While these tests have been used in laboratory studies and further research continues, maple syrup is now considered by American scientists a one-stop-shop superfood with incredible medical promise.

Unfortunately, there’s a downside to this story.  Climate change is stressing the sugar maples and also adding to the difficulty of collecting the syrup from the trees. If the weather swings back and forth crazily between freezing and thawing temperatures or goes directly from freezing to warm without cold nights, there is no sap to tap. Data indicates that temperatures in New England have risen 2.1 degrees since 1971. Scientists have found that during unusually warm summers, the sap producing process drops by as much as 40 percent. This also has impacted the sweetness of the syrup. While it took 25 gallons of sap to produce a gallon of syrup in 1970, 40 – 50 gallons of sap must be used to create a gallon of syrup to meet the standard of required sweetness. And while the US produced 80 percent of the world’s maple syrup in the 1950s and 60s, Canada now produces 80% of the maple syrup largely because of climate change.

The upside, of course, is that  pure maple syrup when used judiciously (no drinking it straight from the container), is a healthy sweetener.  Purchasing pure maple syrup not only helps to support small holder farmers (sap tapping and gathering does not lend itself to large commercial ventures), it also helps to support research on climate change adaptation in order to keep the industry viable.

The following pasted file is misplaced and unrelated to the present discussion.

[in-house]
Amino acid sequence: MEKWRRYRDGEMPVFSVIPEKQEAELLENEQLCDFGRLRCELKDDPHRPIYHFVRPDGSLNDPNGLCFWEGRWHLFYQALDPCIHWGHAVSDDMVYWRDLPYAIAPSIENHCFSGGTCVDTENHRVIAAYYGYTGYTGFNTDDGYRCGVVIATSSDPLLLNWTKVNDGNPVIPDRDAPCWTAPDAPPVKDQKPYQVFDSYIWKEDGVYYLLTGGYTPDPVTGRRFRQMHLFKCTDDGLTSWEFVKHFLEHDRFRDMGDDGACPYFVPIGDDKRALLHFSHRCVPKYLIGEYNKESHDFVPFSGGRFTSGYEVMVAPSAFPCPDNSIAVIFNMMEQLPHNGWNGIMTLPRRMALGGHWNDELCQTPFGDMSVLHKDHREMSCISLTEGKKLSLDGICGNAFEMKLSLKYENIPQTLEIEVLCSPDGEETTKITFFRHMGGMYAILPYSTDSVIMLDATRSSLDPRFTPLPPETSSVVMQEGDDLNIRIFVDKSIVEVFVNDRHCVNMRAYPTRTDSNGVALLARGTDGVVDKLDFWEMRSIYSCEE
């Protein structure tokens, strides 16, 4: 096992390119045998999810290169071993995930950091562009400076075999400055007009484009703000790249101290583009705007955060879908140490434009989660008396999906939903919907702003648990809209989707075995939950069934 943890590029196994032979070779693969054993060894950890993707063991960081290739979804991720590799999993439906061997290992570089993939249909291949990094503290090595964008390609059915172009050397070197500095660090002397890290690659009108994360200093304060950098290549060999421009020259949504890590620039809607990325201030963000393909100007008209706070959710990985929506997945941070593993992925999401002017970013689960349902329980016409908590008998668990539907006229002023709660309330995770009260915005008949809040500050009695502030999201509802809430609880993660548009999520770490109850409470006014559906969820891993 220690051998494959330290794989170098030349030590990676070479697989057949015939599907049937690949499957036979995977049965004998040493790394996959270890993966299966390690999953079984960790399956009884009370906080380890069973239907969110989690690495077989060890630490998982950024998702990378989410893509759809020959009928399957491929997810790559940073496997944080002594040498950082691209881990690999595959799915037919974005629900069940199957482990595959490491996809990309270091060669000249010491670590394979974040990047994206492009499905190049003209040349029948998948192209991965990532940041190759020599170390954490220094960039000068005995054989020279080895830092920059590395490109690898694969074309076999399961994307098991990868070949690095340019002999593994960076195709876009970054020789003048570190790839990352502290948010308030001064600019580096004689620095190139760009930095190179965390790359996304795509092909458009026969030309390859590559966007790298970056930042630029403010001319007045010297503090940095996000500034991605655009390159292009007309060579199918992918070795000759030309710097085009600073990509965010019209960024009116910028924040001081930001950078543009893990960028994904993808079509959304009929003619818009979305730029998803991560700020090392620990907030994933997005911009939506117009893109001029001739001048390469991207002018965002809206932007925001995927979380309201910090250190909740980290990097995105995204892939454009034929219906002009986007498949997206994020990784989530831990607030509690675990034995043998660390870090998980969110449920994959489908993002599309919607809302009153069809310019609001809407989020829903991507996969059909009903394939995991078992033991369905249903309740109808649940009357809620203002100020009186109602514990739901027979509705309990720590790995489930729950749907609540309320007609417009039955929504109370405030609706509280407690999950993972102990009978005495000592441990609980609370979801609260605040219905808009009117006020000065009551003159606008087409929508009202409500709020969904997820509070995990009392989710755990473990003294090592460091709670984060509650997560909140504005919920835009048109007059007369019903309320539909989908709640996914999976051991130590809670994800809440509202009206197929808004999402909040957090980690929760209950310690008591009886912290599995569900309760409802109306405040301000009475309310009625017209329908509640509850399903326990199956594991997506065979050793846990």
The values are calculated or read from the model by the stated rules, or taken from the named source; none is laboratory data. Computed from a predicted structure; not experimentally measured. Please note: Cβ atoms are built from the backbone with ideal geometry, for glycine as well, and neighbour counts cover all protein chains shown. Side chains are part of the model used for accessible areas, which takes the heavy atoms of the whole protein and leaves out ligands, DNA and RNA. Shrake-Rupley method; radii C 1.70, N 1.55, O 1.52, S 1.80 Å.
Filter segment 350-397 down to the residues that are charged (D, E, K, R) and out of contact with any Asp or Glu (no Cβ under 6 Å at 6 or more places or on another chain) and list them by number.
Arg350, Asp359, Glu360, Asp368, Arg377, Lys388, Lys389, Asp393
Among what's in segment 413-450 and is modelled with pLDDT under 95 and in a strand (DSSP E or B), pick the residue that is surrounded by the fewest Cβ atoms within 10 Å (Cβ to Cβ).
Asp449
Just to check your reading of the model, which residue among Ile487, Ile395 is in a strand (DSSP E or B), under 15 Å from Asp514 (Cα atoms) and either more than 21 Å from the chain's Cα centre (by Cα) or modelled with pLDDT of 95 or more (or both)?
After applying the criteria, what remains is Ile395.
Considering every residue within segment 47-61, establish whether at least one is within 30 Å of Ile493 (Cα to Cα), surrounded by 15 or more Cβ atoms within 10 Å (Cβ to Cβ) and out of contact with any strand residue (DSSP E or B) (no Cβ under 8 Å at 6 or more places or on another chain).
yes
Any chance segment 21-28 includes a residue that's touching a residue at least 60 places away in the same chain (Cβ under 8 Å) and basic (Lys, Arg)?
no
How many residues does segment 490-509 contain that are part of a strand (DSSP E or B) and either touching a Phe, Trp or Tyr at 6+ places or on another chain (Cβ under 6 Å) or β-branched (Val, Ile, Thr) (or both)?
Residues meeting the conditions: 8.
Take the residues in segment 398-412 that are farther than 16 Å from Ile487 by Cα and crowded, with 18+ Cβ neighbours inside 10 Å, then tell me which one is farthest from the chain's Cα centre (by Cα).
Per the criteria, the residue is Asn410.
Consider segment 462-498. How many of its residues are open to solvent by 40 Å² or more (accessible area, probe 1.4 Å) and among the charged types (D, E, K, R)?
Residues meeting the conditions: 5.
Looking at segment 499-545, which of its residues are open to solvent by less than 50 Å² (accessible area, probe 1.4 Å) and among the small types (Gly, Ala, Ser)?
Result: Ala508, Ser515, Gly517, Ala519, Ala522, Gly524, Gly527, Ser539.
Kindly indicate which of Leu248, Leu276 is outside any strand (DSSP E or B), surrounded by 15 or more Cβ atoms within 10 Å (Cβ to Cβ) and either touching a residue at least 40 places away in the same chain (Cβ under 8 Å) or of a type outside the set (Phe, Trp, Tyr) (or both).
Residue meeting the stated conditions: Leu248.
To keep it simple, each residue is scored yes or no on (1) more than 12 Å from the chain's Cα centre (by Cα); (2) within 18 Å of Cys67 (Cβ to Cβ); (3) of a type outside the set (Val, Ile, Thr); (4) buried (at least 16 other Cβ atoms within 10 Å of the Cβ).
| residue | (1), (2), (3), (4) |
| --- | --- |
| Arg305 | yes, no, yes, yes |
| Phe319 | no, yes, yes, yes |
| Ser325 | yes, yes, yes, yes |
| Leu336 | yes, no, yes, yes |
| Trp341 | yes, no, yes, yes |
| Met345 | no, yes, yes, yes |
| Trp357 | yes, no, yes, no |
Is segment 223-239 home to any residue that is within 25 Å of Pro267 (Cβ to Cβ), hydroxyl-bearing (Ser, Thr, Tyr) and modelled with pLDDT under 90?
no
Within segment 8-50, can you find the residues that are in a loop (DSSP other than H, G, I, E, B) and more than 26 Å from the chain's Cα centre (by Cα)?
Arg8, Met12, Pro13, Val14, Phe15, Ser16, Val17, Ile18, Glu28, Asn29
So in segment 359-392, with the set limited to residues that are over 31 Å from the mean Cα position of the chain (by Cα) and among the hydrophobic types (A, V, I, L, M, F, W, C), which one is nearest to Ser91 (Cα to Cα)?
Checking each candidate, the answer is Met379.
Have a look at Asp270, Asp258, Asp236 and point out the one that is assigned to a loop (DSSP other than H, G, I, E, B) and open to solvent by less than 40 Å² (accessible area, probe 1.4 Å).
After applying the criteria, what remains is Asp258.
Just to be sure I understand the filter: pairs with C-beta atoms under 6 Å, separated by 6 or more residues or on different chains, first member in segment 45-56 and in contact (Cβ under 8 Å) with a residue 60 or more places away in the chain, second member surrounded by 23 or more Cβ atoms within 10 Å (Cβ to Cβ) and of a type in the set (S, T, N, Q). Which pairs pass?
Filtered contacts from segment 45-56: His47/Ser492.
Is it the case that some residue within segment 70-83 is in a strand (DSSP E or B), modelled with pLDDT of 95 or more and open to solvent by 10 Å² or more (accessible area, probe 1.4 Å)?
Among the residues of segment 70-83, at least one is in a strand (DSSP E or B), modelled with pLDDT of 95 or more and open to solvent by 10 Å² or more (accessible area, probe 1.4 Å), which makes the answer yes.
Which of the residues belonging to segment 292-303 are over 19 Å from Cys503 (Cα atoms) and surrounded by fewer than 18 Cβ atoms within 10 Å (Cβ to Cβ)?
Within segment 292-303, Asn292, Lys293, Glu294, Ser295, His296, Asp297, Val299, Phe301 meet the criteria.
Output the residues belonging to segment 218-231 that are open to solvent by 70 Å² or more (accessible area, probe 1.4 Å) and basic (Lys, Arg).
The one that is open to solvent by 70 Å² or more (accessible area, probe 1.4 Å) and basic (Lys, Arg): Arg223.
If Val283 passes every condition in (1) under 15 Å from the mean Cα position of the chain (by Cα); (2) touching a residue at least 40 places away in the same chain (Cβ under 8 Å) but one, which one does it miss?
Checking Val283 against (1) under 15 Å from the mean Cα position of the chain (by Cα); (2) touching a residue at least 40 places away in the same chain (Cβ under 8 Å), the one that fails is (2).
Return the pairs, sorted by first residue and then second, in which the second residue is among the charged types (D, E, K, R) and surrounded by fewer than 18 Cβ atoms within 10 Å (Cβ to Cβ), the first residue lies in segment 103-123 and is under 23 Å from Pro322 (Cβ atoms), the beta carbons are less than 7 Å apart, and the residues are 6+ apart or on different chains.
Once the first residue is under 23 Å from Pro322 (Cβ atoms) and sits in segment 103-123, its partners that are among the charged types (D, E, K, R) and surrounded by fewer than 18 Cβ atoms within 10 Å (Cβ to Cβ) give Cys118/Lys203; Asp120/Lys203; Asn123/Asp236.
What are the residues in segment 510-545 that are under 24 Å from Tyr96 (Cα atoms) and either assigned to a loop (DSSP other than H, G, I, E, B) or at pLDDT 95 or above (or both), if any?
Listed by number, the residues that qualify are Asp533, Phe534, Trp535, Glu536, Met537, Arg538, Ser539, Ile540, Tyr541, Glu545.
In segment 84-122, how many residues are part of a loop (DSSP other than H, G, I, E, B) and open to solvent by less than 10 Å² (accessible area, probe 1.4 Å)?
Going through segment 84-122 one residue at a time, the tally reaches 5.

Now, a bit of information on choosing syrup. The lightest colored syrup come from the first tappings. It has a delicate, grassy flavor and is favored by true syrup connoisseurs. The syrup gets darker as the tapping season continues. The darker the syrup, the stronger the flavor and the more antioxidants. Light colored syrup is ideal for blending into yogurt or as a sweetener for coffee or tea; dark is for making frozen desserts or baking. For more information:

Extract Grades

I’m happy to shout to the world that pure maple syrup and pure vanilla are a dream team. Split a vanilla bean lengthwise and add it to your bottle of maple syrup and you’ll see how their flavors are complement each other. The bean can be re-used when you buy more syrup. You can also substitute pure maple syrup for other liquid sweeteners. However, using syrup in your baking can be a little trickier. Maple sugar, which is dried and powdered vanilla syrup, on the other hand, can be easily substituted for cane sugar. If you are measuring ingredients, you will need a little more maple sugar to replace granulated sugar. If you weigh your ingredients, it’s about 1 – 1.

Although it’s easy to find pure maple syrup in the marketplace, finding the sugar is more challenging. I personally recommend the Goodwin Family Farm in St. Johnsbury, Vermont. I have visited their farm and use their products almost exclusively (I say almost because sometimes I’m caught up short). They’re a wonderful family and buying from them means that you’re supporting a multi-generation Vermont family in their determination to keep their family tradition alive. You can contact them at:



Here are a few of my favorite recipes containing maple syrup: Maple Vanilla Granola, Maple Vanilla Custard, Maple Glazed Pumpkin Donuts, Maple Roasted Brussels Sprouts, and Maple Simmered Chicken.   Want more recipes? Write “Maple” in our site’s Search and you’ll find even more recipes using maple syrup or sugar. 


Patricia Rain